Moon Over Maui

A Jewish Mystical Journey through the Year

I’m Afraid of the Av Moon

Written By: Jueli Garfinkle - Jul• 29•11

With only 4 percent of the Tammuz moon still reflecting in the sky, my annual concern and secret fear about the approaching moon of Av is beginning to boil. I’ve always been afraid to embrace the moon cycle of Av. It asks that we look at and embrace epic levels of pain and destruction, sadness and tragedy. Not just our own, but of the world’s. And not just to look at war, famine, greed, devastation, and blood spill that is taking place right now, but also to remember it in relation to the entire history of people.

Just writing that sentence freaks me out. My head shakes, my belly churns, my heart is flooded with overwhelm; everything in me screeches NO! I’m fascinated by people who are attracted to the dark underbelly of living, but I’m not naturally one of them. So, typically, I skip studying the moon cycle of Av. Instead, I spend the moon of Av preparing for the next moon cycle Elul (which is easier for me to embrace and happens to be my personal favorite).

My Boy Was Born Rosh Chodesh Av 5767/July 2007 (Pictured with Sis)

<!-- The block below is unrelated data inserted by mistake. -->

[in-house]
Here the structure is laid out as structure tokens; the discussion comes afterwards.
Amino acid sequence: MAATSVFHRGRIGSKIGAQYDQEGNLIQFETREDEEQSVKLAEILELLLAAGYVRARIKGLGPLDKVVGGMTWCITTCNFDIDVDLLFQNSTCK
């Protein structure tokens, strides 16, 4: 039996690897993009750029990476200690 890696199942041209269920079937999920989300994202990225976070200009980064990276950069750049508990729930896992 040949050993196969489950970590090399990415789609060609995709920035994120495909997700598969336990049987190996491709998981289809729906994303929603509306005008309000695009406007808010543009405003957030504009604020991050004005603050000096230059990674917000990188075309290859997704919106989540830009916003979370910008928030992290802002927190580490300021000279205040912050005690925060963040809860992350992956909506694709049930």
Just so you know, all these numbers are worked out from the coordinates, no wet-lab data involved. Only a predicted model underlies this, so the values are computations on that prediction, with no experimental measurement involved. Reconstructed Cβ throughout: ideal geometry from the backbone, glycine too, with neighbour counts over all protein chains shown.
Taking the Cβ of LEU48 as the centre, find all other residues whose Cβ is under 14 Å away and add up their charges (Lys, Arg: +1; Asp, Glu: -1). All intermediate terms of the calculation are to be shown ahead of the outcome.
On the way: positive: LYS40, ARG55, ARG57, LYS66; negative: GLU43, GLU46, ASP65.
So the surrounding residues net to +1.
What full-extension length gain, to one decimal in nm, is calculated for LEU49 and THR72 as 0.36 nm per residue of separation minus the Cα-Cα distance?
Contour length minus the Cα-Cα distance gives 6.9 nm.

Four years ago, my boy was born on Rosh Chodesh Av. You’d think that would have been enough to shake awake my interest. He came into the world gorgeous and healthy, but crying whenever he wasn’t sleeping, eating, or being bounced on an exercise ball 100 times a minute for hours on end. The medical community labeled his behavior colic. I didn’t know what to call it. I knew I was tired and my thighs were sore from the physical exertion. I secretly whispered in his ear, “Grow! Grow!”

About 10 days later, I joined my boy’s crying and our joint spillage of tears went nonstop for another four weeks. Perhaps it was due by my boy’s arrival during that year’s annual worldwide mourning fest of Av. Perhaps it was what the medical community labels post-partum anxiety, or what my man calls irrational behavior. I didn’t care what it was called or why it was happening, I just wanted it to stop.

Secretly, I Whispered, “Grow! Grow!”

Last year, a dear friend’s second-born son arrived during the moon of Av. Days before his birth she called to ask me about the moon cycle. Tell me what to think about Av, she prompted. I confessed that I was terrified of the month and knew basically nothing. She told me straight out that I had to get over it.

And so it goes.

This year, Av 5771/July 2011, I commit to read, write, study, and meditate on the moon of Av. I will be open to its apparent wisdom and beauty, no matter how dark it may be. Here in the final days of Tammuz, which are intricately linked to the first two weeks of Av, I begin the journey in earnest, though I’m shaky and resistant, too. I will share with you what I learn along the way.

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